Reductions And Removal Of More Council Services Likely 2018 - 2023
30th August 2017
Council to consider long-term financial planning.
The Highland Council will consider and agree its strategic approach to an uncertain and challenging financial outlook over the next five years, at its meeting on 7 September 2017.
Previously, in June 2017, the Council was presented with a Financial Outlook for the period 2018 - 2023. This identified a potential budget gap of around £160m (between £129m and £186m) over the period 2018-2023, based on a number of assumptions, particularly around the anticipated reducing level of Scottish Government Grant funding.
To put the gap in context, £160m is roughly equal to our total annual spend on primary, secondary and special education; or more than 2.5 times our total annual spend on roads, transport, environmental and amenity services.
In light of this financial forecast, the Council can no longer continue to provide the same services, at the same level, in the same way as before. By law, the Council is required to set a balanced budget for every financial year. The Council must identify proposals to reduce expenditure or raise additional income to deliver a balanced budget over the period 2018 -2023.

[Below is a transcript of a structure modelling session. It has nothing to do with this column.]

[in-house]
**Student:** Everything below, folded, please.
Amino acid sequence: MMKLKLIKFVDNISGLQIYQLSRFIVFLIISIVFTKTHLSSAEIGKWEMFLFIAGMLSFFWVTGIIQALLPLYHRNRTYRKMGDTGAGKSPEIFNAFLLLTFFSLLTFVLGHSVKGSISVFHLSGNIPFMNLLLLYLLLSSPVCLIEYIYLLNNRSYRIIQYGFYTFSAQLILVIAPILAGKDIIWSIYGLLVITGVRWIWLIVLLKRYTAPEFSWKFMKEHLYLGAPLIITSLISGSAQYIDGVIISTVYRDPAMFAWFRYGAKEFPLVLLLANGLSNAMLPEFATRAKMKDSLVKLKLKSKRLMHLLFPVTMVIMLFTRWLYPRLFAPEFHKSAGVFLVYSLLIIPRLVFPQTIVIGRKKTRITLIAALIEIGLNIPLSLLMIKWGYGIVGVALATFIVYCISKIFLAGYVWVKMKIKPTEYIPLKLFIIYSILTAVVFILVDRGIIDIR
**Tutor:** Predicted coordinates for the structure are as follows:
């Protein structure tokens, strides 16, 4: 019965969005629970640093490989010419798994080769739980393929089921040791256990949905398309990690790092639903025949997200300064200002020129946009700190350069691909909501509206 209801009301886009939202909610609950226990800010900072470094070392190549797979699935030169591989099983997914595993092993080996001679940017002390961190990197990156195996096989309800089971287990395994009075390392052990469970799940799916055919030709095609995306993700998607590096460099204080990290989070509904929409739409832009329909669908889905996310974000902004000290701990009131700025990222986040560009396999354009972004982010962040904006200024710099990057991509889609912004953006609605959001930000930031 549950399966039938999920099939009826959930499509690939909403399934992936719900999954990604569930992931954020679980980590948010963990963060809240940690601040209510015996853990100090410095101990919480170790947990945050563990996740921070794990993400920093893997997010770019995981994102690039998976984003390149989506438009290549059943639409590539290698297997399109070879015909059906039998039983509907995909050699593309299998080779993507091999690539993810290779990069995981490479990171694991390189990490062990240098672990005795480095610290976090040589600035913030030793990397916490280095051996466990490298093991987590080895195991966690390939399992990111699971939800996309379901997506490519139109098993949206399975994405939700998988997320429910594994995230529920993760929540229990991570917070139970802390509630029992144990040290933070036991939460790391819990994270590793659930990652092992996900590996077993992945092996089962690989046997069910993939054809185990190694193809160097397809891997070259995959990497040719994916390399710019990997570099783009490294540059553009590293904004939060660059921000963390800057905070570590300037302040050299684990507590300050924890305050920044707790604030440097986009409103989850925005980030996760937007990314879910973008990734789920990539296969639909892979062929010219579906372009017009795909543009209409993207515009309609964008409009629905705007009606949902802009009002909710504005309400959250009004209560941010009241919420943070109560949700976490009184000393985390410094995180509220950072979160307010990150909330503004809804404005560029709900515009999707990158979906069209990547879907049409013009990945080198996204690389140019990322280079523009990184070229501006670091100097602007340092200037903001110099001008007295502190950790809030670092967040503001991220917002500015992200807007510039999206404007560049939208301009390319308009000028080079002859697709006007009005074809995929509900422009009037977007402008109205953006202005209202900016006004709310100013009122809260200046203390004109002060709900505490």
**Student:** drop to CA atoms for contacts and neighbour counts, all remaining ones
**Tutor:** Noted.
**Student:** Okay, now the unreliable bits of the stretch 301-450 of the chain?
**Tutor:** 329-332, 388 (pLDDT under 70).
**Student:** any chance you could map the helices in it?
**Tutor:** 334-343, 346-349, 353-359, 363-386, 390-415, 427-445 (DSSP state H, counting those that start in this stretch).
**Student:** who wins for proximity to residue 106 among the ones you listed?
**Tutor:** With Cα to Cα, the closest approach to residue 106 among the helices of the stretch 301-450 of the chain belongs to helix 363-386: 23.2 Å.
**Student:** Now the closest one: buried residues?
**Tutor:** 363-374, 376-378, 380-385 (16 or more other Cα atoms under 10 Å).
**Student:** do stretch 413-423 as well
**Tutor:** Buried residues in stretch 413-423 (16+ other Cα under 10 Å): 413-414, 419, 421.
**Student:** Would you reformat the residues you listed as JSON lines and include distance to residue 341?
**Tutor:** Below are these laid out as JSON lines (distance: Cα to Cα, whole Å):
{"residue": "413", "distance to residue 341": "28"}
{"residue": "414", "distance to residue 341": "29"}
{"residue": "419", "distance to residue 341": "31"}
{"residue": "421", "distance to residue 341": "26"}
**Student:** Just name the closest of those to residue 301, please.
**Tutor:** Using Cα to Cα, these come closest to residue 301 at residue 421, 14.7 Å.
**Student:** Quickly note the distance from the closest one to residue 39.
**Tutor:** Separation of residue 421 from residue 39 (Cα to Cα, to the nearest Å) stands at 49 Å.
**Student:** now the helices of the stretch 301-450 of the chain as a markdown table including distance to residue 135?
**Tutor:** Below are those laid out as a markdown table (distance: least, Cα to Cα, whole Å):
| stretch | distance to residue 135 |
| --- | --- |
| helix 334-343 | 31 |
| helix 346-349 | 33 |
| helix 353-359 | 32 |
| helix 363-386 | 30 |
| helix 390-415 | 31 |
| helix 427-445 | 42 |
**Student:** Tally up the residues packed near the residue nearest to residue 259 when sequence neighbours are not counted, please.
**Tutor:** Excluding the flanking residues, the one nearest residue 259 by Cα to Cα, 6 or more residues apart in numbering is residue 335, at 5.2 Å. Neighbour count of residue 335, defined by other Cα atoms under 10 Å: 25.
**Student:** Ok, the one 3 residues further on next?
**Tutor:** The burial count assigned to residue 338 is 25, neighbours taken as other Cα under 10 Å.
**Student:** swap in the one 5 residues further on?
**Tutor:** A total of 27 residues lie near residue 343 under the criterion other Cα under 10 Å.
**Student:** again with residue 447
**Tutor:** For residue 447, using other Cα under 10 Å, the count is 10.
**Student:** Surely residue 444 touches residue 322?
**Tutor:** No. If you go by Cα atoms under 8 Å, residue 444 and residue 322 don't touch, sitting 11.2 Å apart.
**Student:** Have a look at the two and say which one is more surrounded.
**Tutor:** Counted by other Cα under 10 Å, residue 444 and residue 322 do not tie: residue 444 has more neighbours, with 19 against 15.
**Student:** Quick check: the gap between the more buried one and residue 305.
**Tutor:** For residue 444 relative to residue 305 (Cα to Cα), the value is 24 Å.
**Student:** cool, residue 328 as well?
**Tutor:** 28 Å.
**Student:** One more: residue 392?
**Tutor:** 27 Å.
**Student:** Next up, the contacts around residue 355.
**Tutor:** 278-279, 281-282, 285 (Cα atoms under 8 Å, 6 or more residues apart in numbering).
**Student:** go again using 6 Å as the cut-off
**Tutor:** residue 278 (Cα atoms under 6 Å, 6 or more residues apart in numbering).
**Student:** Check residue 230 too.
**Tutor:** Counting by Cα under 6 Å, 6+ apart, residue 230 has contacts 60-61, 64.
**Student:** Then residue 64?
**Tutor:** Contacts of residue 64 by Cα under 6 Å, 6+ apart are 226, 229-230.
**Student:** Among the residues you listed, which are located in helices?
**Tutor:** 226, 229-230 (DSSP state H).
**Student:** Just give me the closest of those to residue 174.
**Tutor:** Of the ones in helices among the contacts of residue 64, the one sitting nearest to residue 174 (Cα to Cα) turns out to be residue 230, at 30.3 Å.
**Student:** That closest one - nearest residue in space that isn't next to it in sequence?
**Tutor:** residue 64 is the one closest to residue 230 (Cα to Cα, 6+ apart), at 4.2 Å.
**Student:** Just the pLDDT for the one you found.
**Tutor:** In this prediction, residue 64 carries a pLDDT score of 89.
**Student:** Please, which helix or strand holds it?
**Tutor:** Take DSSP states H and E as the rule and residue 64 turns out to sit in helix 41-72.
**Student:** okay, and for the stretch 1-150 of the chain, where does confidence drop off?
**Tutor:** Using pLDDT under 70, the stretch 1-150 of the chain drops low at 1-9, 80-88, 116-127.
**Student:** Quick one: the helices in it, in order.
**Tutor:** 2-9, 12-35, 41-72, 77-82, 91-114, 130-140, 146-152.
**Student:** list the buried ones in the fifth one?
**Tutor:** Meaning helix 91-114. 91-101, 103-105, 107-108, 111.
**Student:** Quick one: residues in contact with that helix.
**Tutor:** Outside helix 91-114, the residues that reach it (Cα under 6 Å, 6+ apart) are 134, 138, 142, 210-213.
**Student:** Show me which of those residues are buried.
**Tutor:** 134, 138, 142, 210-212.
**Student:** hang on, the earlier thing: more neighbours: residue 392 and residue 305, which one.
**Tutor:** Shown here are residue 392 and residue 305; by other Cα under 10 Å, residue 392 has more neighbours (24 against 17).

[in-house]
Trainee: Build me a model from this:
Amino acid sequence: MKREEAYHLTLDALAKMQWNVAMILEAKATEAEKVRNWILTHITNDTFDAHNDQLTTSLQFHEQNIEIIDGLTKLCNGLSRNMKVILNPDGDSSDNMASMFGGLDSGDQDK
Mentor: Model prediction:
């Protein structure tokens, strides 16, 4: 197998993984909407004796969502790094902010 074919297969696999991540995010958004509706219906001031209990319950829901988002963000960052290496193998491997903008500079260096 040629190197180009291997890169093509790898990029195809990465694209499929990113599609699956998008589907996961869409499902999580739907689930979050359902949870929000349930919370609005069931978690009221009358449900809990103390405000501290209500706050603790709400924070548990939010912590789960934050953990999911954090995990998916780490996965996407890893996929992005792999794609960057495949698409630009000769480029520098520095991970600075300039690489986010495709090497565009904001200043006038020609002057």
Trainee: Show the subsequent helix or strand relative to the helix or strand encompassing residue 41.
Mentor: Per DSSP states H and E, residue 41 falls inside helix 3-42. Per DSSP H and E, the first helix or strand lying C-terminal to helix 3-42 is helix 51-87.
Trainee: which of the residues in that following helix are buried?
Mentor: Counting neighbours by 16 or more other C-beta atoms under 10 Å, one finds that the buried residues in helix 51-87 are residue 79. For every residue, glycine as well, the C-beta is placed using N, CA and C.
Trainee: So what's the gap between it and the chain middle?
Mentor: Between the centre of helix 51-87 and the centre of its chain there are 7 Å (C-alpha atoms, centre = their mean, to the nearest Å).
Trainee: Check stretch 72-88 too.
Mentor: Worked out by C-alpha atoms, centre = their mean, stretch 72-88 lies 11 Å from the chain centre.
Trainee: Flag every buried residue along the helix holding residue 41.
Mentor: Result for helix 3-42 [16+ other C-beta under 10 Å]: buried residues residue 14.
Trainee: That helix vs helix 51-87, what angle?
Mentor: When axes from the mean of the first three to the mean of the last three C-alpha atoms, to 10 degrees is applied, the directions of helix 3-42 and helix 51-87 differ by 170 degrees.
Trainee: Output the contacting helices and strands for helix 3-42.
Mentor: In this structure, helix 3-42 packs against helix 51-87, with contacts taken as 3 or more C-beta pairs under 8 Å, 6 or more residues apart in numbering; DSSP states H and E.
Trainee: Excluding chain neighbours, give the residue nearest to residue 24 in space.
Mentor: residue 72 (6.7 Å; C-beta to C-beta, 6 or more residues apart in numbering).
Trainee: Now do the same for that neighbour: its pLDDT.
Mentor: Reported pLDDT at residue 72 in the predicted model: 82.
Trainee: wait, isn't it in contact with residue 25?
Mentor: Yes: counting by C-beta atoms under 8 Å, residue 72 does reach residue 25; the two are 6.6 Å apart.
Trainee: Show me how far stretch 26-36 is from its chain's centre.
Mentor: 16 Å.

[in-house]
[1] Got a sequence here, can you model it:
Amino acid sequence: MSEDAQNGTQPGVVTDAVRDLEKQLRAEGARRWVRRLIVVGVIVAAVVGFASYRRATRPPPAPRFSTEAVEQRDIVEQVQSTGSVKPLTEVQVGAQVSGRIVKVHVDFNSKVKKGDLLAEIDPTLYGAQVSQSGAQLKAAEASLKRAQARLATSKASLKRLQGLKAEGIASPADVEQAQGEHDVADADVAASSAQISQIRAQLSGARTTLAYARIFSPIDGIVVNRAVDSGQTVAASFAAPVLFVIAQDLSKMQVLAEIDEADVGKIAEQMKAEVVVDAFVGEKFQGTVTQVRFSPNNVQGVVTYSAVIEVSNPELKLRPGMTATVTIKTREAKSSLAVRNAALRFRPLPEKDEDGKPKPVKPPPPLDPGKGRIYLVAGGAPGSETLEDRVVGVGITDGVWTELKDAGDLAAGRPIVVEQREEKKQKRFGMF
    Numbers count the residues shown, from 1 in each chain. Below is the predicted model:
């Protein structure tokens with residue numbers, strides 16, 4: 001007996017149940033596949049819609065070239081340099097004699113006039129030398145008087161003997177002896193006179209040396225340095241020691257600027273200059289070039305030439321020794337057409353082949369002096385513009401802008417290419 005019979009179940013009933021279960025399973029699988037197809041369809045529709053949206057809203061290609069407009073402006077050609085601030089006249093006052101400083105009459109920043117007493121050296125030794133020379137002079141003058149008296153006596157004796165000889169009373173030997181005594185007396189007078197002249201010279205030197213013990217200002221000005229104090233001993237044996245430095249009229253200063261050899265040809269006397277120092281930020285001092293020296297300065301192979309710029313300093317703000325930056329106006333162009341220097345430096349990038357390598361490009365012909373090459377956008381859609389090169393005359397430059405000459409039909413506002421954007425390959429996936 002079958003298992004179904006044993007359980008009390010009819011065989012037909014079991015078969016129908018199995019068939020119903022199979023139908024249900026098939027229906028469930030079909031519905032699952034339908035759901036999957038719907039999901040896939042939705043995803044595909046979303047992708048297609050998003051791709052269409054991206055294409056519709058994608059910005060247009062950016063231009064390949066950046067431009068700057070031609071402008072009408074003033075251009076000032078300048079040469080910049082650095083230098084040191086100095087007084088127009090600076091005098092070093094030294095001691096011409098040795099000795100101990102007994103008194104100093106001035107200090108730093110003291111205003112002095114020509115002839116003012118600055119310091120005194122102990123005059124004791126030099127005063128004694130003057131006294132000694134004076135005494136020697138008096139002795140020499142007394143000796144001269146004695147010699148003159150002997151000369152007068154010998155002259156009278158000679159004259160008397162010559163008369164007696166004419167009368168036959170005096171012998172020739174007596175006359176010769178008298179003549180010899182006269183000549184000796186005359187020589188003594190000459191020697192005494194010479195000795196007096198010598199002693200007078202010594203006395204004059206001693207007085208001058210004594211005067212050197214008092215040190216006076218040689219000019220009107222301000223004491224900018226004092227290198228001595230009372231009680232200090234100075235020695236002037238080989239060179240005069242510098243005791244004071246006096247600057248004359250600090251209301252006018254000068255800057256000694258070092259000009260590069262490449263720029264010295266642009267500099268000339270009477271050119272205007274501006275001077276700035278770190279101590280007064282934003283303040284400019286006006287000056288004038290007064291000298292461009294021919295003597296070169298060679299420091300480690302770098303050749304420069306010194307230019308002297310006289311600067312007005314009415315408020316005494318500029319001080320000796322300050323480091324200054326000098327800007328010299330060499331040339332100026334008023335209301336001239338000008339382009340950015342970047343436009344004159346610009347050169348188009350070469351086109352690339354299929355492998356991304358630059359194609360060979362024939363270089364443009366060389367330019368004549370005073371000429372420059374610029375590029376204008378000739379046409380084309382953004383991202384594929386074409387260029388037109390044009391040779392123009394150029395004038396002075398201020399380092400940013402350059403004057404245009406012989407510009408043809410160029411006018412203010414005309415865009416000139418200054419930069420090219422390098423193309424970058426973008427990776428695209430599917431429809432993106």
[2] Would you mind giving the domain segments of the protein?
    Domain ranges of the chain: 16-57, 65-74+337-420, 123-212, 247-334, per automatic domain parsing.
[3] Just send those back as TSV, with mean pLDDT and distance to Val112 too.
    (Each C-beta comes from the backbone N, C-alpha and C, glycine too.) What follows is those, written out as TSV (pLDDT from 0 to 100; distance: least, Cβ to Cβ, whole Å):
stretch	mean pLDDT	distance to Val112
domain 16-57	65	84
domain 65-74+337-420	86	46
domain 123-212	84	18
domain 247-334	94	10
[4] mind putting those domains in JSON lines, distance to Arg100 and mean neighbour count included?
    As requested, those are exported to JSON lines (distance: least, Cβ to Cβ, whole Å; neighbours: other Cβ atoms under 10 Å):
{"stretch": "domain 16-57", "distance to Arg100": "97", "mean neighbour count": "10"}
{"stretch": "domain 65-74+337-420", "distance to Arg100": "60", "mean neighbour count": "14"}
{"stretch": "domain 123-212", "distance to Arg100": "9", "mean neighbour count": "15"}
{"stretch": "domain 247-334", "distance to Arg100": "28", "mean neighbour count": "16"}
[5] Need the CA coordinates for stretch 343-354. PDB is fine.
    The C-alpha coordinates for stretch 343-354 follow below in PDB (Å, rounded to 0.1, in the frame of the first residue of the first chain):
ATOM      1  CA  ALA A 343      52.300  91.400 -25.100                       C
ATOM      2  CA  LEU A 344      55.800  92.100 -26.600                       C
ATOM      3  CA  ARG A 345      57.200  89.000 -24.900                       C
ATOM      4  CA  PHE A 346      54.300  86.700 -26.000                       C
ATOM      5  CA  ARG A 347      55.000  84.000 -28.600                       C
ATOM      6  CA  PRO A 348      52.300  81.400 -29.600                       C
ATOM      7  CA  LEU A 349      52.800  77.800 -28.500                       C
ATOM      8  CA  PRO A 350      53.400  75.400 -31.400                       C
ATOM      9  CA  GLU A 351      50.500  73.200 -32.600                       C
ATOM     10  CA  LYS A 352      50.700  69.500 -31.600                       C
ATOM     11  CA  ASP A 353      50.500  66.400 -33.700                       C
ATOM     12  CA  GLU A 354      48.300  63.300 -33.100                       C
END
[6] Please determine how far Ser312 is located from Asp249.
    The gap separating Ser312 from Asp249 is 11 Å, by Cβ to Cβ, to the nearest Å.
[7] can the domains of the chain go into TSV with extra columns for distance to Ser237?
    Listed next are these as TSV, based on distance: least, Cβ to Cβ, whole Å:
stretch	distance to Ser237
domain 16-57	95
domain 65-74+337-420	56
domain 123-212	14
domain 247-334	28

Chair of Corporate Resources, Cllr Alister Mackinnon said: "We are committed to becoming as efficient an organisation as possible and have already made substantial savings over the past few years, but such a huge gap cannot be addressed without a significant impact on our residents and service users. We aim to work on five key areas to find ways of meeting the gap. We will continue to look for efficiencies, aiming to improve processes and procedures to get the same outputs and outcomes at a reduced cost. Proposals to restructure the council and further reduce management costs is just one example of this.
"However, efficiency on its own will not be enough. We have already agreed we will focus on commercialisation of the Council, with the aim of taking a business-like approach and generating income to support core Council services.
"We will also need to raise income by introducing new, or increasing existing charges for some services the Council provides. I know this is painful and it will not be popular, as we are all used to getting a certain level of service, but we need to recognise that some people can afford to pay more for services which are not statutory or essential.
"We have already started a process of fundamentally reviewing how the Council provides its services to the public through Redesign over the past year £0.5m of savings will come from redesign this year with more in future years.
“We must also look at removing or reducing some services, which, although we want to deliver and we deliver successfully, local authorities do not have an obligation to provide. We need to question can we afford to continue to do this."
Cllr Mackinnon continued: “We have to deliver a balanced budget and this is without a doubt going to be the most difficult financial period that local government has ever experienced."